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Why Pakistanis watching Bajrangi Bhaijaan shouldn't worry about India

The country's film industry is in no way a threat to any film industry in terms of its resources.

 |  Tarar Square  |  6-minute read |   25-07-2015
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As my favourite niece tried to get tickets for Bajrangi Bhaijaan during the three-day Eid-ul-Fitr holidays a few days ago, she was told by the harried ticket-seller at the nearby cinema that the multiple shows of the film were booked for days. That is the appeal of an Eid release, mixed with the power of that inimitable dude from India, Salman Khan, and the subject dealing with peace between the hostile Pakistan and India. Running parallel is the most-awaited Pakistani film in a long time, the Mahira Khan-Humayun Saeed starrer, Bin Roye. And that, my dear readers, is the film that has been banned, bin dekhe, in certain parts of India. Not a very Eid-spirit type of a gesture, I would say.

bin-roye_072515113532.jpg A still from Humayun Saeed-Maahira Khan starrer, Bin Roye.

As per the Express Tribune, Pakistan, quoting India Today, India, "… 'The movie has run into trouble in Maharashtra, with the nationalist party Maharashtra Navnirman Sena (MNS) threatening to conduct 'MNS style' protests if cinema owners screen it,' reported India Today. Following news about how B4U cinemas, Bin Roye's Indian distributor, had decided to pull the film out of cinemas in Maharashtra, reports surfaced that Pakistani distributors and exhibitors would retaliate by refusing to screen Bajrangi Bhaijaan in local theatres." Oh well. Our cinema distributors managed to exhibit maturity - and business acumen - and the bhaijaan's film has done record business in Pakistan, affecting many as the commercial flick that happens to speak to many on an emotional level, in reiteration of how political and military realities are not always expressive of the sentiments of people on both sides of the Line of Control (LoC).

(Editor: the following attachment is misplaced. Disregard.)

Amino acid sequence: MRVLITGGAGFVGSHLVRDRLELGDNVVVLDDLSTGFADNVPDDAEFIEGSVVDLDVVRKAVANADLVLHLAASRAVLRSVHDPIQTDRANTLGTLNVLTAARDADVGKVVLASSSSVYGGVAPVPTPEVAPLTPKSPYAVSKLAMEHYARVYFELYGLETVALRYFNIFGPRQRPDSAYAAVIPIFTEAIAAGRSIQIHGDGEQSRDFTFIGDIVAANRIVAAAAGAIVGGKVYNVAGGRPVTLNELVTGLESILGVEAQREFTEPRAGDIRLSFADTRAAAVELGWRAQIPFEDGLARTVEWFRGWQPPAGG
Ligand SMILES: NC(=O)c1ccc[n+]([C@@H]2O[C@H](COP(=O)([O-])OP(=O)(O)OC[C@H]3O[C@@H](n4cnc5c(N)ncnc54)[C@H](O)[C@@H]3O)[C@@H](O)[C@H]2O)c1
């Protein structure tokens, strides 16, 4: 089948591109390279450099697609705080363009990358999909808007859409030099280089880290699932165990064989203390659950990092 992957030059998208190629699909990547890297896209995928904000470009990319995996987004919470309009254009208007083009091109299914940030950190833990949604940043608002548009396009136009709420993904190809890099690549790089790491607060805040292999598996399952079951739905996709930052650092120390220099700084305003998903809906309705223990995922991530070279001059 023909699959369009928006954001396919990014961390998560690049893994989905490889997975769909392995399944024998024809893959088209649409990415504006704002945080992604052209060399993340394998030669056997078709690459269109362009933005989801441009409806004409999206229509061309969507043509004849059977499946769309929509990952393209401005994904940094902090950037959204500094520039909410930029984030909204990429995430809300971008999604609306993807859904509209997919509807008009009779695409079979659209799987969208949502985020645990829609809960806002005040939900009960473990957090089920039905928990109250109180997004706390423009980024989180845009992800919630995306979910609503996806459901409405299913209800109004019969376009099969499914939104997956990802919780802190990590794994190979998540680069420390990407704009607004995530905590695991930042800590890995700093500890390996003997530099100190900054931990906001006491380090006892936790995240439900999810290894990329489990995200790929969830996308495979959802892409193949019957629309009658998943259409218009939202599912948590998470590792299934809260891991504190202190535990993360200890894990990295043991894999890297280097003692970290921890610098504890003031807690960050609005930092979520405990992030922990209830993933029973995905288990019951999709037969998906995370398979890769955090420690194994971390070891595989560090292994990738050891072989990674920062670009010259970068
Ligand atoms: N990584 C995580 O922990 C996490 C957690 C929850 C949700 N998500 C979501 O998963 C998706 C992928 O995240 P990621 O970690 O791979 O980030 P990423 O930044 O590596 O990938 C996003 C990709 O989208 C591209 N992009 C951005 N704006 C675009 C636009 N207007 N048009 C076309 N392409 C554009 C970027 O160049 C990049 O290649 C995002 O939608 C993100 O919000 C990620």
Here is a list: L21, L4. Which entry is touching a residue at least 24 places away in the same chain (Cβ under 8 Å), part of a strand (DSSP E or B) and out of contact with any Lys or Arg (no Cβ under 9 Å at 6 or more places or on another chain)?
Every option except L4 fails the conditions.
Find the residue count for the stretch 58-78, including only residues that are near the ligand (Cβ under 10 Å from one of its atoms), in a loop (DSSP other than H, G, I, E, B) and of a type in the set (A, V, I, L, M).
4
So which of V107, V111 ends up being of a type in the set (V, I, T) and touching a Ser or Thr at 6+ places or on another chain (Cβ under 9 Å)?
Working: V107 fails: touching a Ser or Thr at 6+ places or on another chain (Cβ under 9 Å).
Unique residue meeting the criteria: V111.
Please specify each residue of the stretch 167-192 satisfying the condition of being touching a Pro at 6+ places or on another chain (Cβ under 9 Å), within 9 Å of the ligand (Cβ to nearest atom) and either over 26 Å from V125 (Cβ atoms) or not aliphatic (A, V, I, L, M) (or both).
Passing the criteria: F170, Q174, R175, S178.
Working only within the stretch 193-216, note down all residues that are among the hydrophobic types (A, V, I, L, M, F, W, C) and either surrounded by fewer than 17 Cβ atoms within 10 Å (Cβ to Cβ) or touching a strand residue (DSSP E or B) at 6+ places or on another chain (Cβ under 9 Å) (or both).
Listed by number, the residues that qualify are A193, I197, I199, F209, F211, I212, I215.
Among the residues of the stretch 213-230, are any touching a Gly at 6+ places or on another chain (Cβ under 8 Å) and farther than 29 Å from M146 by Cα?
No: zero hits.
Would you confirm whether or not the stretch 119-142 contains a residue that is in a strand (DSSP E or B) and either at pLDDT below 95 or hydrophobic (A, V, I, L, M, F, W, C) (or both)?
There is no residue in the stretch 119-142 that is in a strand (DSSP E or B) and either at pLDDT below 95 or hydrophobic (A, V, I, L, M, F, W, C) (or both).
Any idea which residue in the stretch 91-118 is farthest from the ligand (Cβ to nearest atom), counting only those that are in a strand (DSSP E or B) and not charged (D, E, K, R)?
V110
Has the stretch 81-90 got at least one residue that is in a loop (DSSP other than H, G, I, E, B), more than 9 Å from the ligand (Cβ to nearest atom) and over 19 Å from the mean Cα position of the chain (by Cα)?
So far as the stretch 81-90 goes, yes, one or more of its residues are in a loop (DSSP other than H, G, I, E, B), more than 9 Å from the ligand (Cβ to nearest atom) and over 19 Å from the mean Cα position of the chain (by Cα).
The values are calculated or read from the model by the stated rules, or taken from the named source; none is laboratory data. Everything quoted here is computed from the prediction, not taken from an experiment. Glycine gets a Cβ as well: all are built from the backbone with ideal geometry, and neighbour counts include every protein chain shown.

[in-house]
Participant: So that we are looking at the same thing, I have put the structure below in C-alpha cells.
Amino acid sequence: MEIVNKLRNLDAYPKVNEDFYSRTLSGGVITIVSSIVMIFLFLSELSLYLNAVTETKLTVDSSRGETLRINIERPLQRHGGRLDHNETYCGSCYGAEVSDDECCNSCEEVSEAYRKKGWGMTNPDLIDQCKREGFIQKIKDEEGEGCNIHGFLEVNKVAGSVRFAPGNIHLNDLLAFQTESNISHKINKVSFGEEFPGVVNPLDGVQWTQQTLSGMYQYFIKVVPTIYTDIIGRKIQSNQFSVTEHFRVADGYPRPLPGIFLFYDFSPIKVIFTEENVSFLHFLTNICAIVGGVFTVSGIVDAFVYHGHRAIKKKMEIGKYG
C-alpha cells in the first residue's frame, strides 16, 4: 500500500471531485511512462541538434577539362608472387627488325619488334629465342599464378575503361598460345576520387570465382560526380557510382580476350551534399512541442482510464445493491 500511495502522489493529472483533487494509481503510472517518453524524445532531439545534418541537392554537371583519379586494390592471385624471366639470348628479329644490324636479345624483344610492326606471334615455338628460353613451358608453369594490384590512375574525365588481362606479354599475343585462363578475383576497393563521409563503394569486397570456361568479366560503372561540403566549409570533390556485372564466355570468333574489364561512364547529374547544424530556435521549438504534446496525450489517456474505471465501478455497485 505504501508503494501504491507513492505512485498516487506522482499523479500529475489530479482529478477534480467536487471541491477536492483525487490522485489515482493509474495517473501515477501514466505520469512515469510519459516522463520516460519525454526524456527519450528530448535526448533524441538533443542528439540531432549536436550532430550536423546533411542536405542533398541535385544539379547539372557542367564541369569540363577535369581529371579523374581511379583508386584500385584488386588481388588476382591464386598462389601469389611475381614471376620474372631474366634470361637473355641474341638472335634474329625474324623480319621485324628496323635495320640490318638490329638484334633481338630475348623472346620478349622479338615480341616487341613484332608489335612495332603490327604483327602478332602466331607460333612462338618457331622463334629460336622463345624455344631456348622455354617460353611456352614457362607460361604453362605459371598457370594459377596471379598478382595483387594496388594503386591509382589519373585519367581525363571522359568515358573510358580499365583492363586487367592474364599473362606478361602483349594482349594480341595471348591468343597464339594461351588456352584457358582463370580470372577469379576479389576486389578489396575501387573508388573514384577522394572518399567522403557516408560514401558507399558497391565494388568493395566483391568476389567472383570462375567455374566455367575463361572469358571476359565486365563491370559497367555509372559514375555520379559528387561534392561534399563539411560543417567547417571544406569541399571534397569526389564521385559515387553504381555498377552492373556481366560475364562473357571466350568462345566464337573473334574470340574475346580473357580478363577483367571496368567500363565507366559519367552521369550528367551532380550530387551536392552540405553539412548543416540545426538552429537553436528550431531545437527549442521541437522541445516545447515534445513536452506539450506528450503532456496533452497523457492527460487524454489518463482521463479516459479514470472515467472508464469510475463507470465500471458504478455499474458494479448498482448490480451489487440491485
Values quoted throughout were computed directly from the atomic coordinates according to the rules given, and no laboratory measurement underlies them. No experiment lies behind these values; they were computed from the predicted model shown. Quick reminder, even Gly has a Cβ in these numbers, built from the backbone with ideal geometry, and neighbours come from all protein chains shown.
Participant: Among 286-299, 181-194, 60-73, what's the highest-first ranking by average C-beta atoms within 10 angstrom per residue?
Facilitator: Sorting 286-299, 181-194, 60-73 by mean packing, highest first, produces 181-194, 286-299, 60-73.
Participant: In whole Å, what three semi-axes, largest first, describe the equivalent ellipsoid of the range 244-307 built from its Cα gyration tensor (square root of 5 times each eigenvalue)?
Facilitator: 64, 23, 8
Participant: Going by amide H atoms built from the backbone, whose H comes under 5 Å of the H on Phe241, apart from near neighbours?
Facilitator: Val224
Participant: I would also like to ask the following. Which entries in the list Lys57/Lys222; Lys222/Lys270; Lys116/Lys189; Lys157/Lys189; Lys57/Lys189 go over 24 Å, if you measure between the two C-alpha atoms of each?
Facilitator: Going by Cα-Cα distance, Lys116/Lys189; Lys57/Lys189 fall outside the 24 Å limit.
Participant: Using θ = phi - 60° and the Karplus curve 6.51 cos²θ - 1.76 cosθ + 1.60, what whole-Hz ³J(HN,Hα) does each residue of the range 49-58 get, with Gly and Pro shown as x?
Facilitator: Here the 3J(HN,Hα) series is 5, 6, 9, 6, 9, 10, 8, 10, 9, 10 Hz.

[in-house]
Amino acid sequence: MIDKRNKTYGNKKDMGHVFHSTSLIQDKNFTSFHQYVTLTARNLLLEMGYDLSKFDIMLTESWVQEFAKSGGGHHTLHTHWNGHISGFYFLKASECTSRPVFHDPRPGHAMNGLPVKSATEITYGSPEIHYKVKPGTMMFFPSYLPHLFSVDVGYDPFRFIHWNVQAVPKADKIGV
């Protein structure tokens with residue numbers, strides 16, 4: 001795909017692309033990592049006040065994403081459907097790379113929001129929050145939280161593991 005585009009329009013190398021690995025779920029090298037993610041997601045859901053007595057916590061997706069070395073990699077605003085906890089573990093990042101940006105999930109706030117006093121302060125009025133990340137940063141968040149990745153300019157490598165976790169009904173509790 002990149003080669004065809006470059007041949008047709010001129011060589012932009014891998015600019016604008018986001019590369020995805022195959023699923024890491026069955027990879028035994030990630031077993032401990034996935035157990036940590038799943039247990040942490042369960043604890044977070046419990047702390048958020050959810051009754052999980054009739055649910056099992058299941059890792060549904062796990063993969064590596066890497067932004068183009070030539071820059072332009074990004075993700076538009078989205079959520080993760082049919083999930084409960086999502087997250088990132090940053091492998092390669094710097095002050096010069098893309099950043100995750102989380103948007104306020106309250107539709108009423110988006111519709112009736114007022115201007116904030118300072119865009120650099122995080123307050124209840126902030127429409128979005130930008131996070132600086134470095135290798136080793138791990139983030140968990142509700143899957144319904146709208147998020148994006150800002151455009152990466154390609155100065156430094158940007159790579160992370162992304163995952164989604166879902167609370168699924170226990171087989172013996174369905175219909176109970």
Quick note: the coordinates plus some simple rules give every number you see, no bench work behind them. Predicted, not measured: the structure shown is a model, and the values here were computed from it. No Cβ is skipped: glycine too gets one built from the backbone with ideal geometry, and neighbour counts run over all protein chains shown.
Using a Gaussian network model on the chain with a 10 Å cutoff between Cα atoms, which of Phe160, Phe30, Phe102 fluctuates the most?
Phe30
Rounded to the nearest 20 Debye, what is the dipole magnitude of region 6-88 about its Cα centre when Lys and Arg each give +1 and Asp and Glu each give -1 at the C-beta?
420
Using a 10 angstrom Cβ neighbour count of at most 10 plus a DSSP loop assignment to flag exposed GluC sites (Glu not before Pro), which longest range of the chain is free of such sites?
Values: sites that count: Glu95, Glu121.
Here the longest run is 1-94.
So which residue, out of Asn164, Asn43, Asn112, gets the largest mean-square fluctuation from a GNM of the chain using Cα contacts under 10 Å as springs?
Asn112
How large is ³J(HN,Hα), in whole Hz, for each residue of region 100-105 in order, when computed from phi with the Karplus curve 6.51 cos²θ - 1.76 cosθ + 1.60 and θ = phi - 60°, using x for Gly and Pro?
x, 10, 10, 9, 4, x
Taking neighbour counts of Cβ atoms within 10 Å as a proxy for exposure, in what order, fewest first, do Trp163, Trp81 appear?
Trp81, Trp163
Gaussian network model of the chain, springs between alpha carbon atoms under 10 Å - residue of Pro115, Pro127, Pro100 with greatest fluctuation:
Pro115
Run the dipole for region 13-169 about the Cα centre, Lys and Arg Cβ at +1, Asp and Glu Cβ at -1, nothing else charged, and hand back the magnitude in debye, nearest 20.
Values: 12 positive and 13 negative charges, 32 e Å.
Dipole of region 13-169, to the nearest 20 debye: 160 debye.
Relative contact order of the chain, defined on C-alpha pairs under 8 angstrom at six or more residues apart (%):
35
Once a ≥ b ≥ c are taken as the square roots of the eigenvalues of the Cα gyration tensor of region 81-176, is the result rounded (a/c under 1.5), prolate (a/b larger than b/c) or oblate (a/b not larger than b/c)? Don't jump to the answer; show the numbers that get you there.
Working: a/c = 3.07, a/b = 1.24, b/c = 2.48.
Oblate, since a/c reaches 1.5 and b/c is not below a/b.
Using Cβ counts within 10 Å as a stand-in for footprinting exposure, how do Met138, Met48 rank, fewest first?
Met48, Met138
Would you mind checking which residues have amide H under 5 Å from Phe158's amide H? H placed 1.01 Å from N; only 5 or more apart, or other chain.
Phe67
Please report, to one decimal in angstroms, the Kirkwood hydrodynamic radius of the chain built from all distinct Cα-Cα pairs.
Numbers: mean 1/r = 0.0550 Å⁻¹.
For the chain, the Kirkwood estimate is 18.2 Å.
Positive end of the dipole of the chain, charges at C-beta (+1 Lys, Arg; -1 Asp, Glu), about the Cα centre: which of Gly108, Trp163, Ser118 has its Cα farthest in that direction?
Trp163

The Pakistani film industry is in no way a threat to any film industry in terms of its resources. Or accessibility. After going through an almost annihilation with only regional, substandard, and a once-in-a-blue-moon Khuda ke Liye, Waar and Bol, the recent releases, and especially Bin Roye, has been heralded as the breakthrough film to accelerate the revival Pakistan cinema needs more than the MNS needs to take a chill pill. Come on, guys, a film is a film is a film. Hindi mein ho ya Urdu mein. Indeed, the things at the LoC could be much better, or completely peaceful in an ideal world, but until bullets are being exchanged I see Pakistan and India in perpetuation of their singular narrative: you are the aggressor - one saying to the other. And while the foreign secretaries, DGMOs, NSA advisers and ministers exchange verbal banalities and stilted rhetoric, mithai is being rejected, biryani mocked, and shawls discredited. O the cul de sac of that thing called love, or in Pakistan-India case, a dialogue to start a dialogue that would be different than the dialogues that never happened.